Sunday, May 27, 2018

On Meeting Sara Groves

Outside a quiet grey bungalow nestled in the midst of downtown Houston, Sara Groves' voice floats up over the fence as she warms up for a private backyard performance.
My mom of about a year sits beside me, and eagerly we message our best friends about the magic that is hearing such music just feet away from us.

The blue night moves like molasses as the cicadas and distant trains join in our evening praises, and Sara's raw voice and sweet demeanor add to my love for her and the way she expresses herself. The thought is renewed, the one I've had since I was a little girl: "I want to be like that."

"Keep making music," Sara says after a freely given hug. You can feel all the compassion and holy weariness of walking with God in her smile as she listens to my mom and I recount how she's blessed our lives, been integral to our story.

Our story goes:
Two years ago, Brandy wasn't my mom, she was just an intruder on my life with my dad. In a goodwill gesture, she had gifted me with tickets to see Sara Groves, but I wasted them, spending that night instead at a friend's house at "our" mother's insistence. We were a makeshift family, and I didn't want to leave them. I hadn't asked my then enemy for those tickets anyway.

I was broken and [rightfully] angry, incapable of trusting anyone new.

Now, I introduce Brandy as my mom wherever we go. She loved me from the moment my dad told her my name so she could pray for me. I loved her the first time I hugged her of my own free will (at God's mysterious insistence). When asked, we say she has unofficially officially adopted me, and that we're a special case of mother and daughter.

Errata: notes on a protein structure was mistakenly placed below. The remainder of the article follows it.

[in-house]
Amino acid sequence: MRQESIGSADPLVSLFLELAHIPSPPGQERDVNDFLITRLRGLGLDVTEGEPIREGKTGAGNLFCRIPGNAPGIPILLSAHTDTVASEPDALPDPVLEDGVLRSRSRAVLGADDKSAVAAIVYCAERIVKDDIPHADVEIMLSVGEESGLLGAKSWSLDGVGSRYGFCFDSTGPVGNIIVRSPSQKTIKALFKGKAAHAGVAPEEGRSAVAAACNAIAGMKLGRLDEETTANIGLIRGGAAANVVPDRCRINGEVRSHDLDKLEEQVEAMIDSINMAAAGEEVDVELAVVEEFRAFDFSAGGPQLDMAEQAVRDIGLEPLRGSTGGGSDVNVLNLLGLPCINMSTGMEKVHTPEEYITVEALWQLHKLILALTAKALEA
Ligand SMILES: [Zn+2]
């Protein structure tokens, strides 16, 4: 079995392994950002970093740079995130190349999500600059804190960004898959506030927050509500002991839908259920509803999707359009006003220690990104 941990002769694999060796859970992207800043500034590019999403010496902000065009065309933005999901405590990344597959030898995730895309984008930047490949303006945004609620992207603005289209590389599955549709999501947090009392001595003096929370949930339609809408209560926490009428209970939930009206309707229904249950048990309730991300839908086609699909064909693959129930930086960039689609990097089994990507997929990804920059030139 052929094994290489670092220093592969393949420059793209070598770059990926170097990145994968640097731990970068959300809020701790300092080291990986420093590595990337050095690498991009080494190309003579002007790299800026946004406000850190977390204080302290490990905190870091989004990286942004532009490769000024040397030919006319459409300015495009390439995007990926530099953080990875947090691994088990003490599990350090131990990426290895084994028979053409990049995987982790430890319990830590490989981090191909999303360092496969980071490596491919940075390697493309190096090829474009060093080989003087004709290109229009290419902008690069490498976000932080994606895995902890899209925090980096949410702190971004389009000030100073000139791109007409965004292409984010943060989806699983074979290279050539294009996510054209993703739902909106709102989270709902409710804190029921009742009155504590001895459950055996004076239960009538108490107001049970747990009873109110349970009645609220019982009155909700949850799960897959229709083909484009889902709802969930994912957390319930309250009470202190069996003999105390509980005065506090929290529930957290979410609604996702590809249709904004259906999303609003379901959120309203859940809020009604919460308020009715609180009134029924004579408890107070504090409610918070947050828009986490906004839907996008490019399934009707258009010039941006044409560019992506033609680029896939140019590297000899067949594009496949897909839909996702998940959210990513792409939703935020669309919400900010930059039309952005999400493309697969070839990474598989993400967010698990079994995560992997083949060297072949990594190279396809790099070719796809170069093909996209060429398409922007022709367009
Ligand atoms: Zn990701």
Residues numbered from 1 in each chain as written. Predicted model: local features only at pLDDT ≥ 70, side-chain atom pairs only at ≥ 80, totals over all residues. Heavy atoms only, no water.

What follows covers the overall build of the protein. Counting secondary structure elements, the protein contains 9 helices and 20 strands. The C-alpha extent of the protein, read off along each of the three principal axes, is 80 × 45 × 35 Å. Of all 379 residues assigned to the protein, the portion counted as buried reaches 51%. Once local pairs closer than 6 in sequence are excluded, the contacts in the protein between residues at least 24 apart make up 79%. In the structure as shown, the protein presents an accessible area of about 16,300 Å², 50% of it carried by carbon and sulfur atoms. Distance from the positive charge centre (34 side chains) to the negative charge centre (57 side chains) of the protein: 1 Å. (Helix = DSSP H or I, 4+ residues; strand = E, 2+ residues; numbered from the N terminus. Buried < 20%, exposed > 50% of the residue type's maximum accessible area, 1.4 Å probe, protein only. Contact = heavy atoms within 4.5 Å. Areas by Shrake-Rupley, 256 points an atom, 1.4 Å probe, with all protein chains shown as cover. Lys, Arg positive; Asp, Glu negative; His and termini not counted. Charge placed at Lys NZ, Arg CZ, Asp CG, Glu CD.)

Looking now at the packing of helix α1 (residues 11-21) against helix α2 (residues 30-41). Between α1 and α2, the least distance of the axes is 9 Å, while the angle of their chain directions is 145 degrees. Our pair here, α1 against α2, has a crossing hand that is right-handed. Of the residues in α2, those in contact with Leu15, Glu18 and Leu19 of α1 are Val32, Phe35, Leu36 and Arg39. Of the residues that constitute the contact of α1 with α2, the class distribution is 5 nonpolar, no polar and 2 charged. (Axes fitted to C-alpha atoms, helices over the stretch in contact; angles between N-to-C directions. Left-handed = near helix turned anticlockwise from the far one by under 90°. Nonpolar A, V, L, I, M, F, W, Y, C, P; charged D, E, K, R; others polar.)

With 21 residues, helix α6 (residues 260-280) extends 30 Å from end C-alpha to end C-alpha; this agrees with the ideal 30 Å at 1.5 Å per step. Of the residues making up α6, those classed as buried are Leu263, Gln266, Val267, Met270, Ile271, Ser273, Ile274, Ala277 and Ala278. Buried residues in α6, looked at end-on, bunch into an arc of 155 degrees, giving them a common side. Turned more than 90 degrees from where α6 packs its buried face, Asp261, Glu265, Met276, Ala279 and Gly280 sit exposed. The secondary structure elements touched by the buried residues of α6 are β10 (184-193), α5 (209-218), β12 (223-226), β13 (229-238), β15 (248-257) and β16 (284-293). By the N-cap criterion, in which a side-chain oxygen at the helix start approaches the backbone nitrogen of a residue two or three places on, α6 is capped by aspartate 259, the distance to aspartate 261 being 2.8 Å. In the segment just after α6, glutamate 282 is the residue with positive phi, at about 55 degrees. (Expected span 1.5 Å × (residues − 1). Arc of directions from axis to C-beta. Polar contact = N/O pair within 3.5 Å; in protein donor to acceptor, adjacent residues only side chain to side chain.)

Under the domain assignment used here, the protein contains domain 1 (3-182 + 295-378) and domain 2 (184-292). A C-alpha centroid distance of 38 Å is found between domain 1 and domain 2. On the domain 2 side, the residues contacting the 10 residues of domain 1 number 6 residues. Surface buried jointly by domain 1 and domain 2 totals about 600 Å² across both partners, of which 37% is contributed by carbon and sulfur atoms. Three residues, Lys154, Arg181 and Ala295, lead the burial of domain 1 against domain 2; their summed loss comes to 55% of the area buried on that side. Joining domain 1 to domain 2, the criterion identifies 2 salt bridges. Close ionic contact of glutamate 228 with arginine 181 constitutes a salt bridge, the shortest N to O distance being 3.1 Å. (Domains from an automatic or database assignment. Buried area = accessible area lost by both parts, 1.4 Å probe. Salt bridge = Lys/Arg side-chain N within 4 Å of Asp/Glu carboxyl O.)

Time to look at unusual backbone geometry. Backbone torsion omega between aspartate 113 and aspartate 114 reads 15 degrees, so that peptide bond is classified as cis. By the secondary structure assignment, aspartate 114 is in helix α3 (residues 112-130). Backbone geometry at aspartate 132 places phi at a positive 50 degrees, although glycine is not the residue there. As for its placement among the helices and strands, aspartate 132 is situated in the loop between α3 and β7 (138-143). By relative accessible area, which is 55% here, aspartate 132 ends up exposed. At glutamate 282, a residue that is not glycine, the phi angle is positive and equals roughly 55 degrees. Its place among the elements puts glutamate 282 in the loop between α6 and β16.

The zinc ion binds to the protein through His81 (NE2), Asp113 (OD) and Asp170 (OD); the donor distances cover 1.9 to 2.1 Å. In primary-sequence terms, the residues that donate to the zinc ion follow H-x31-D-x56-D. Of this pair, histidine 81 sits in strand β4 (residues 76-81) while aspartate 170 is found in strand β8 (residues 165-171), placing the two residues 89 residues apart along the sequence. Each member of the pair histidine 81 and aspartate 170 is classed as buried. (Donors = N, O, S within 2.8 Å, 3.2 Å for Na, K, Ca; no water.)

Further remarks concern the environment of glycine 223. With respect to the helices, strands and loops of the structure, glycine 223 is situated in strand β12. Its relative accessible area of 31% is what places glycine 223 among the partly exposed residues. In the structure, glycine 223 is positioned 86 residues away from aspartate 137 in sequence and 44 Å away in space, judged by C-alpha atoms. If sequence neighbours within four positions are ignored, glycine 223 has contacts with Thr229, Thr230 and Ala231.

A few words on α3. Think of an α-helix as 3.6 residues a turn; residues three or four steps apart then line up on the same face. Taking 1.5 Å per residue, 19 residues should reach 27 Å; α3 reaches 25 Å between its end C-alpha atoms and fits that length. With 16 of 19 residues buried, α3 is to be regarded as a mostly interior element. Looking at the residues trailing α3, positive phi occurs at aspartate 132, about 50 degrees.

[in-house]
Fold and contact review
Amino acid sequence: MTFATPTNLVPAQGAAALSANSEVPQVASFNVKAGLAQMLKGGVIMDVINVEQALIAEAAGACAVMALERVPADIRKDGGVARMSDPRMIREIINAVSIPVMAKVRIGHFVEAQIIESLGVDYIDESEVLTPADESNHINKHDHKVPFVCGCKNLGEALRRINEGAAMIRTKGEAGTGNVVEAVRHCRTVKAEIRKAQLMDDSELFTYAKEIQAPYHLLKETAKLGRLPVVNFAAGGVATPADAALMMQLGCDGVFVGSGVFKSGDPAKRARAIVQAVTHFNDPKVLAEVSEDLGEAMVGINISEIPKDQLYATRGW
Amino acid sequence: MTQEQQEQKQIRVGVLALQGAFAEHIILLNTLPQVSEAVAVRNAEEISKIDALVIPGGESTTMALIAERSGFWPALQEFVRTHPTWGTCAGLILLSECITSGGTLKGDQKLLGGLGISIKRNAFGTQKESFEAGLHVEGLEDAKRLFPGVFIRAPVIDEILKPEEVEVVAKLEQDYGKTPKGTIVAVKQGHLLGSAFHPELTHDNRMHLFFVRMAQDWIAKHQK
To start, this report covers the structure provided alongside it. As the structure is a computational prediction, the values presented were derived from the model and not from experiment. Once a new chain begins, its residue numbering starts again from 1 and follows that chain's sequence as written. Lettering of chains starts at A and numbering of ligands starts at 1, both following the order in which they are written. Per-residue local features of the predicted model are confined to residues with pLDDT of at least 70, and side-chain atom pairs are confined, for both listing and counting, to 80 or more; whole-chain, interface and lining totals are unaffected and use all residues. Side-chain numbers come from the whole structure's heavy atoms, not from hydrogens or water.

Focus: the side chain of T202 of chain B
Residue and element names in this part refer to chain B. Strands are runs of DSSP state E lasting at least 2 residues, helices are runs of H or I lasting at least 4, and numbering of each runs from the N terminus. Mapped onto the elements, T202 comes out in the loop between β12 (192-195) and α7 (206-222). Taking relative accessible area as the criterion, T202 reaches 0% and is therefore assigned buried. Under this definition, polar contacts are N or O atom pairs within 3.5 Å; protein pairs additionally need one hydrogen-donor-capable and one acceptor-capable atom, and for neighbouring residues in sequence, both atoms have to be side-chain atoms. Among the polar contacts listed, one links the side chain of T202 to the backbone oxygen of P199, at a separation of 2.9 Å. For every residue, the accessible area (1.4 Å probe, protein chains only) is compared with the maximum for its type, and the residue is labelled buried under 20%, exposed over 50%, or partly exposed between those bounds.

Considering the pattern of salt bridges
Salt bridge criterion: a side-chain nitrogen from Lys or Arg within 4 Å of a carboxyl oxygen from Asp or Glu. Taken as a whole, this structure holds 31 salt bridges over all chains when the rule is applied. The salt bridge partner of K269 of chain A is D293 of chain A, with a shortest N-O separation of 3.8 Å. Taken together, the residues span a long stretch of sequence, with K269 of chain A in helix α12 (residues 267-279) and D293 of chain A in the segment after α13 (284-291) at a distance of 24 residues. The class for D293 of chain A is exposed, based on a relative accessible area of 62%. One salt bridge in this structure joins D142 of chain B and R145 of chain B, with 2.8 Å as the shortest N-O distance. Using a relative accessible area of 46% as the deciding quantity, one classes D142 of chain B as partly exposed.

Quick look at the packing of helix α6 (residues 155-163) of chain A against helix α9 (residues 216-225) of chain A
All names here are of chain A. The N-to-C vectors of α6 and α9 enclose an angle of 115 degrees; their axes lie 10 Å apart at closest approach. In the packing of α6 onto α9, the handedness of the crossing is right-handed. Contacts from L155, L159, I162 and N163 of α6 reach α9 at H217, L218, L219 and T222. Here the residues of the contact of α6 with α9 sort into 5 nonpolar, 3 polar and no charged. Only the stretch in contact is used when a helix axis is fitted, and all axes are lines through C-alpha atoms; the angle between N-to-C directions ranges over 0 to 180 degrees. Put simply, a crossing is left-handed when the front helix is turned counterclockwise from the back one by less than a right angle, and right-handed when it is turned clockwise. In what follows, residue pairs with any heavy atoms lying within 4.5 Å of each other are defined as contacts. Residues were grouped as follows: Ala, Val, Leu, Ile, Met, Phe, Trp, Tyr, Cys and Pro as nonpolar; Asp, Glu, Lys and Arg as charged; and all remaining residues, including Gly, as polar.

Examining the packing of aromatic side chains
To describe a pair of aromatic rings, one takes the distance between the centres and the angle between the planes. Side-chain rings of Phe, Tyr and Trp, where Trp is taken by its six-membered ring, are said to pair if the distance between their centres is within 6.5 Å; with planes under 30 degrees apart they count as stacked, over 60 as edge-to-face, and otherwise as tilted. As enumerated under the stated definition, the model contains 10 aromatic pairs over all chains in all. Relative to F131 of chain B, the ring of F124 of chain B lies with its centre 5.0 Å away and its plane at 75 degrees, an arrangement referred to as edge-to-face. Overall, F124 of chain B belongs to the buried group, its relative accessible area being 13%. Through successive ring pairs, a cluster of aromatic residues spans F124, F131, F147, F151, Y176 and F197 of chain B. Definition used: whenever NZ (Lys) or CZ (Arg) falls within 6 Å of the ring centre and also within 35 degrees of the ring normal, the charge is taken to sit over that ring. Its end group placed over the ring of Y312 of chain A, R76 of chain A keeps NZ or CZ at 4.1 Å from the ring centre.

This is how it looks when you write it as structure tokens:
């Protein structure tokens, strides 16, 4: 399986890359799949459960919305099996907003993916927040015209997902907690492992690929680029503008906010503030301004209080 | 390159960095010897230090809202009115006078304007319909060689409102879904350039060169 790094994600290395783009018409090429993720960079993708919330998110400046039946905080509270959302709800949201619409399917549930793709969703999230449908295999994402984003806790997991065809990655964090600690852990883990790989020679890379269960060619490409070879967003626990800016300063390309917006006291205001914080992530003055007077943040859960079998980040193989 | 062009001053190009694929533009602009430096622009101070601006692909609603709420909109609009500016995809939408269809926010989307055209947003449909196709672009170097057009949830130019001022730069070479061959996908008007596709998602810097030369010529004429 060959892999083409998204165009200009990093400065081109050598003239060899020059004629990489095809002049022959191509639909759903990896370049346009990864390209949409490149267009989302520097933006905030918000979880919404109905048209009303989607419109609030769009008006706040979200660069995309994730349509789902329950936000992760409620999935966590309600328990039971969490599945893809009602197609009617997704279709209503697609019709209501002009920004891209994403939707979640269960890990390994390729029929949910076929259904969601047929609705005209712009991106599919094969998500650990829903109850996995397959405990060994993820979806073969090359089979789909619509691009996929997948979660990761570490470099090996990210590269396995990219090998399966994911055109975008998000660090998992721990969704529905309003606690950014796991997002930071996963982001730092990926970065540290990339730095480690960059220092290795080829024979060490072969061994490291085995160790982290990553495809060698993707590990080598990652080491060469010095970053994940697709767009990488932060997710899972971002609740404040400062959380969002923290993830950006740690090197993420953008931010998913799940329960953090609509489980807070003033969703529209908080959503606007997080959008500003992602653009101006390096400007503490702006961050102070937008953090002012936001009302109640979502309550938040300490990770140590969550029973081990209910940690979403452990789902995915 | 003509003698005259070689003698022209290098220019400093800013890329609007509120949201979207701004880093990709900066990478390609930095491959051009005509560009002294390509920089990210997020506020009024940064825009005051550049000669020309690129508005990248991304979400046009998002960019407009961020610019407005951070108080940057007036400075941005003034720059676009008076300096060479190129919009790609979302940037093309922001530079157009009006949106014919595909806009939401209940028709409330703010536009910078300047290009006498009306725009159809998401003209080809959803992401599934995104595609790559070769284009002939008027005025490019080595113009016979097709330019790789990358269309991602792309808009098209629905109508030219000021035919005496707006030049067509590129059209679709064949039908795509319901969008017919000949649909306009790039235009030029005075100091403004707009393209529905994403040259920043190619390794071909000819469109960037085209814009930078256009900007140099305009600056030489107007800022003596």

The other night, we held each other's hands and shed some tears, remembering how we bonded over Sara Groves' songs once my walls came down.

We made it, we made it, we're making it.

Here is another story:
On May 19, 2017, I officially broke off a relationship with a man who admitted - after all he'd said and done to the contrary - he still loved his girlfriend over the phone. I did all the apologizing. He hung up randomly and never called back.

That night, I watched my piano teacher (and several other artists who are now my friends/peers) perform original music. I was ministered to, and ended up crying into my Dad's shoulder, "I know it's my fault, I gave him this time, but I'm so angry because he wasted my time." It was time to write again.

May 19, 2018, I sat across from my teacher again, this time grinning as his mother began commenting beside me, "If it was just me and him, he would make me color anyway."

I took up a blue crayon and wrote out the setlist for my album with much flourishing.

His brow arched, interest piqued.

"You've heard all these before," I said. "I'm making an album soon," I told his mom.

Her mouth dropped open, and looking up at me over her glasses, she blurted, "You're just like him!"

May 25, 2017, I got the last message I'd ever receive from the man I secretly dated. In our last phonecall, he'd said we had great communication and didn't want to lose that.

A full year later, May 25, 2018, two circles close: my mother and I watch my childhood favorite perform mere feet away from us, and The Man Who Lived Across From Me is as silent as ever.

Now, I'm in a new circle. Music has been written, my baby nephew has turned one, and my friendship with our local Man of Stars has grown stronger. I'm on the edge of some beautiful, frightening things, and though I feel like I can see what's coming, I've said that before and ended up completely wrong, so as Momma says, "Don't worry, just pray."

I don't know anything about the future. Everything is so bittersweet, like the taste of coffee when someone else makes your cup, or watching storm clouds light up in a churchyard with your best friend.

Slow and steady. This summer is going to be slow and steady, moving at the speed of light some days, barely whispering through honey-heat on others.

I'm almost ready...

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